16.01.2023

Why exhaustive static analysis is ideally suited for ensuring the security of low-level code

In Part 1 of this series, we discussed why ensuring the security of low-level code—the code used in OS kernels, device firmware and other applications that interface directly with hardware—has become critical to the overall cybersecurity of embedded systems.

In Part 2, we examined why developers of low-level code need to go beyond traditional static analysis and software testing to verify that their applications are free from coding defects that can be exploited by hackers.

In this final installment, we reveal why exhaustive static analysis—the method employed and automated by TrustInSoft Analyzer—is ideally suited to ensuring the security of low-level code.

This post is Part 3 of a 3-part series derived from TrustInSoft’s latest white paper, “From Bare Metal to Kernel Code: How Exhaustive Static Analysis Can Guarantee Airtight Security in Low-level Software and Firmware” To obtain a FREE copy, CLICK HERE.

We concluded our previous post by asking the following question: If conventional static analysis and software testing are inadequate for guaranteeing the security of low-level code, how can companies protect themselves? What can they do instead?

For many, the answer is exhaustive static analysis.

Exhaustive static analysis and its zero-defect guarantee

Exhaustive static analysis is an alternative to traditional static analysis. Rather than sets of rules, exhaustive static analysis uses mathematical formal methods to prove unequivocally that your code is free from coding errors and undefined behaviors that hackers can exploit.

The method was initially developed for formal verification of safety-critical systems, like those of the aerospace industry, where a software failure could result in the destruction of property and the loss of human life. Having evolved over nearly two decades of refinement, it is now approved for use in place of software testing for the certification of airborne systems under DO-178C, the aerospace industry’s de facto standard for software certification.[i]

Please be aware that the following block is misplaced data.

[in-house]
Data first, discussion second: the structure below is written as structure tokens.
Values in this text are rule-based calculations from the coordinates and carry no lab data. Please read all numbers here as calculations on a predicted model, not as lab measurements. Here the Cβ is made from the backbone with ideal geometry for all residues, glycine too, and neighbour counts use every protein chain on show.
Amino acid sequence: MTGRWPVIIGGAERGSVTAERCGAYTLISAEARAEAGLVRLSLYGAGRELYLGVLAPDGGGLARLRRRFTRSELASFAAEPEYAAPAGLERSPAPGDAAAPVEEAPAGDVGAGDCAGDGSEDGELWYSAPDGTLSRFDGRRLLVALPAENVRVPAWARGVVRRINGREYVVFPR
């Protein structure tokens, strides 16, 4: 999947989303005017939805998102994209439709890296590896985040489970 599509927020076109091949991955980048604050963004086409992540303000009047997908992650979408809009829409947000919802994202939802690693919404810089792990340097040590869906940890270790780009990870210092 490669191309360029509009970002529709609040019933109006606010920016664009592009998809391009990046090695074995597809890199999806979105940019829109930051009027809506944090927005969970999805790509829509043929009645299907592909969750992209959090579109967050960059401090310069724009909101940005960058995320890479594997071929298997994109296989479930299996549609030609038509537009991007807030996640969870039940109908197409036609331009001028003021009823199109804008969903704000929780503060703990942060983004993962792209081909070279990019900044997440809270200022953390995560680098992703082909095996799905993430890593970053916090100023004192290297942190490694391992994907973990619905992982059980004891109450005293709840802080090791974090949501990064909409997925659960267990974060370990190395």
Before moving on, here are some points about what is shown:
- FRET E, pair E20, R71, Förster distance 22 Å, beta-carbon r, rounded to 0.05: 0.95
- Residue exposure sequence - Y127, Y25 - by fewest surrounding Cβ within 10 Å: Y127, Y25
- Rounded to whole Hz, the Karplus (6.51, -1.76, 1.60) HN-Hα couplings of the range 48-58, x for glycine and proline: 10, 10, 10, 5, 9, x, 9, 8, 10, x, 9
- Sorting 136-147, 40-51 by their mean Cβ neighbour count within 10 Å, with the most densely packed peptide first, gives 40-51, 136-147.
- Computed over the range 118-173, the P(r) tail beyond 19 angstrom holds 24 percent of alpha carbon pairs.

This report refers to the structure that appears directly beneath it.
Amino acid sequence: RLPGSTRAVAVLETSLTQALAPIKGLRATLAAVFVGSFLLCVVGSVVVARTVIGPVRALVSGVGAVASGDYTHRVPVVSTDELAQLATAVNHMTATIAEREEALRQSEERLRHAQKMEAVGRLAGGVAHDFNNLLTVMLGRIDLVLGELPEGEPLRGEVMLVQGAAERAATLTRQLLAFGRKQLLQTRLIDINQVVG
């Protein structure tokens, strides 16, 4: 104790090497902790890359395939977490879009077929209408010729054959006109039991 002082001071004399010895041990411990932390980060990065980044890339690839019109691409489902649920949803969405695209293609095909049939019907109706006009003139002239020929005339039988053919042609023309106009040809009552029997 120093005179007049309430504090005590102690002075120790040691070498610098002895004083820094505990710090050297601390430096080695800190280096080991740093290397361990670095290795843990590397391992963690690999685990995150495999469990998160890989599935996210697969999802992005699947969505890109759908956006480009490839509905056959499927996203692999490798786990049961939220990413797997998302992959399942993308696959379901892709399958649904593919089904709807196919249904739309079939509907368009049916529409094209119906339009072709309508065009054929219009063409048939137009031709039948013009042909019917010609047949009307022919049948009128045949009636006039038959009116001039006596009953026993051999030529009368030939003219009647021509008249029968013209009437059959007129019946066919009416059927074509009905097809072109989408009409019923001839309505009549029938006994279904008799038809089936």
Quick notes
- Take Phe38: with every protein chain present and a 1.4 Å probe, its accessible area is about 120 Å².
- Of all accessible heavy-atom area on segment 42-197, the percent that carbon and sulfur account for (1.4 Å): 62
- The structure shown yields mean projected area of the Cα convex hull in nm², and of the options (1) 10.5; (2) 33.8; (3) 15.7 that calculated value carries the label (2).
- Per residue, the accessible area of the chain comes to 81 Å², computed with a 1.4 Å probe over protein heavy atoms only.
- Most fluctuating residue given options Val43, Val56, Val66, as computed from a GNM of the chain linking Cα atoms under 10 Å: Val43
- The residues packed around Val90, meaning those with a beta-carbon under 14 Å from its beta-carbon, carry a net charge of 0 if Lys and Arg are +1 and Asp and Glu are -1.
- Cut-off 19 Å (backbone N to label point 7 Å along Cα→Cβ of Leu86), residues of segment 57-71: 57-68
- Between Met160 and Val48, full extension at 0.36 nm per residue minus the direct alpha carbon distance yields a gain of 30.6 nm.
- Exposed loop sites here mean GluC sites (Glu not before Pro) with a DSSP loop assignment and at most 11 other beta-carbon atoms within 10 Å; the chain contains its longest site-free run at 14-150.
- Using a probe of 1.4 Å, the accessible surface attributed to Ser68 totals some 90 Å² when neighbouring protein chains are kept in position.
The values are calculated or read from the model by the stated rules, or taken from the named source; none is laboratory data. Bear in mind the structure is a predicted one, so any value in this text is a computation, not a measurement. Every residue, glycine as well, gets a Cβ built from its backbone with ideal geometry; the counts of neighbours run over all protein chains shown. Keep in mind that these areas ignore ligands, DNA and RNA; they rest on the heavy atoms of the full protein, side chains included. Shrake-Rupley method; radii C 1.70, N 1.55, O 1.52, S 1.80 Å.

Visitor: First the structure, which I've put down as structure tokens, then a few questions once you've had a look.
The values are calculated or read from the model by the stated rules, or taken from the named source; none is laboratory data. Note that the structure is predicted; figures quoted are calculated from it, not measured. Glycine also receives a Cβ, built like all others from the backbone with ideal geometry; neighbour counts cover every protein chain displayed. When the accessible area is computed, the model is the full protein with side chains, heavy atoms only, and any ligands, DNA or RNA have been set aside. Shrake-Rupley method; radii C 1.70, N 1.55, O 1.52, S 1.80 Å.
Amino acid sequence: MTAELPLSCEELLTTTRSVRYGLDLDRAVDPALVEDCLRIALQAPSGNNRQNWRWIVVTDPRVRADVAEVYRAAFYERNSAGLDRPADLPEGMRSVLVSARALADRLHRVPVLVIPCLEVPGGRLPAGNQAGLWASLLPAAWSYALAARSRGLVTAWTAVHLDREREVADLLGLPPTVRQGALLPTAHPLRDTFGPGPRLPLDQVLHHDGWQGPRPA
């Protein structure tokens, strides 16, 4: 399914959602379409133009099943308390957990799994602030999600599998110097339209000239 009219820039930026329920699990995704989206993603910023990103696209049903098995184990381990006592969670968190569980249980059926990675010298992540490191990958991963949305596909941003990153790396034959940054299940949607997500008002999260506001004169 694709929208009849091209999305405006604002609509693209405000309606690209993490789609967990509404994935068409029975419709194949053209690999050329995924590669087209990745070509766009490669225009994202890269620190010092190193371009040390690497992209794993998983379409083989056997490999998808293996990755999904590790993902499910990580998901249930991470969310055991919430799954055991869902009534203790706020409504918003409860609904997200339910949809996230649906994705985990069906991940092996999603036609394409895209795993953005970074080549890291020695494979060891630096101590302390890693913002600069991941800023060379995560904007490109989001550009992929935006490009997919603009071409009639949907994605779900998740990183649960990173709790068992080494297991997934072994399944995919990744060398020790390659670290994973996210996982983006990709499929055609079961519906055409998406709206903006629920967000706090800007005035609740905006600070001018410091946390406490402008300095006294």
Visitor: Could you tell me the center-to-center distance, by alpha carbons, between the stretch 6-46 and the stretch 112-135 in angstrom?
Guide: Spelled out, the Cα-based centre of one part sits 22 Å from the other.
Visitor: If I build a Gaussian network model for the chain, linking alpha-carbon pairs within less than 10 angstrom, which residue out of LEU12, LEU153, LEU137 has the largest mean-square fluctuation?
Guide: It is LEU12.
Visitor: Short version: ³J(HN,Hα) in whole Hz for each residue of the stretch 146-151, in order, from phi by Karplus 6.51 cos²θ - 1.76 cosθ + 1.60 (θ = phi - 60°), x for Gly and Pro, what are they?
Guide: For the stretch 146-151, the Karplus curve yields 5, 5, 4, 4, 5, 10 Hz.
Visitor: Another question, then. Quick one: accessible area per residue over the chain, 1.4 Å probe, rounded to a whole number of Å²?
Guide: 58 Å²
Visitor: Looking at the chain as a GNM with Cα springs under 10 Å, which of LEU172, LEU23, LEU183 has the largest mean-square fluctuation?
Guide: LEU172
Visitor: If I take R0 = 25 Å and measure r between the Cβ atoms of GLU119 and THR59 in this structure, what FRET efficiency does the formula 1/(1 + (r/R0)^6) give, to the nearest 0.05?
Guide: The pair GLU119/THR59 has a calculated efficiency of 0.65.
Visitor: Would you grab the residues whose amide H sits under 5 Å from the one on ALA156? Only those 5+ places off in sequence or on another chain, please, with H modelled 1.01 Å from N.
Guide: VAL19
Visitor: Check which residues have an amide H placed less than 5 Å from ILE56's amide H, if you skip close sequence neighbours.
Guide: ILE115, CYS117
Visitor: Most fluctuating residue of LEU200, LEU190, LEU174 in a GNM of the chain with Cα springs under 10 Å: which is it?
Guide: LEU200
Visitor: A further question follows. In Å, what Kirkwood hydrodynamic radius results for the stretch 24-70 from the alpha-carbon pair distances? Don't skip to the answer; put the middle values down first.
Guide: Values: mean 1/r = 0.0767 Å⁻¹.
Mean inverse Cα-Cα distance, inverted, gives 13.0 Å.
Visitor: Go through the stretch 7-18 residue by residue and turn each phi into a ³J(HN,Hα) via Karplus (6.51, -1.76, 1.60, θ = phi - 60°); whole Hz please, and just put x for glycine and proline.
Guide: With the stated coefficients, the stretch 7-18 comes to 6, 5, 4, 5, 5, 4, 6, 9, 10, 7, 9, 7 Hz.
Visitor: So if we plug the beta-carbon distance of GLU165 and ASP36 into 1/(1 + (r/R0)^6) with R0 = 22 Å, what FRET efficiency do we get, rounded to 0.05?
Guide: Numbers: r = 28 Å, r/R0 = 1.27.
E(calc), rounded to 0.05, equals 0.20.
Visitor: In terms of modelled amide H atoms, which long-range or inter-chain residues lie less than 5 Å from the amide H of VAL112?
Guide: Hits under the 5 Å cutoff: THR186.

Exhaustive static analysis is a methodology that makes use of a variety of formal methods to answer the questions users ask about their code. It takes know-how developed to guarantee the behavior of safety-critical systems and expands its scope to guarantee cybersecurity as well as safety and functionality. It makes that know-how available to all developers for use in the development of any device—from smartphones to game consoles, from medical technology to remote monitoring devices.

Exhaustive static analysis is also a framework where a broad range of formal methods collaborate as one. Its tools contain algorithms that choose the right formal method according to the question being asked. A good exhaustive static analysis tool can switch seamlessly from one formal method to another, depending on the problem it has been asked to solve.

In other words, exhaustive static analysis is a holistic approach, not one of brute force. Rather than trying to solve every problem using a single formal method, the framework has been designed to determine which formal method or combination of formal methods is best suited to solving the problem at hand and to apply those methods in the best way possible.

Ideally suited to low-level code

Software for safety-critical aerospace apps historically ran on bare metal—directly on the hardware—with no OS in between. This was done primarily for two reasons.

The first is speed. Real-time operational flight programs like those used in flight control, navigation and weapon control systems must be able to react very quickly to changing inputs from pilots and sensors.

The second reason is memory limitation. Aircraft and spacecraft don’t have access to massive servers or cloud storage. Low-level embedded code has to make do with the memory chips it has in its own box. To deal with these constraints, programmers often have to resort to non-standard coding structures to make the code run as efficiently as possible.

Having been developed to verify software in safety-critical systems, exhaustive static analysis is ideally suited to verifying low-level code.

As mentioned earlier, traditional static analysis tools are not designed to deal with these complex, non-standard structures. In contrast, exhaustive static analysis tools, having evolved in the aerospace sector, were designed to look at the code the way the hardware sees it. For example, our tool, TrustInSoft Analyzer, has specific features that enable you to specify precisely the hardware characteristics and the toolchain. Based on this configuration, TrustInSoft Analyzer sees the software product as it will be and run on the final hardware.

Sound tools

Exhaustive static analysis tools are what are called “sound” in the context of formal methods. That is, they are designed so they will not miss a single defect and can be used to guarantee that a software program is completely free of bugs and security vulnerabilities. They can even be used to guarantee that the program complies exactly with its specification.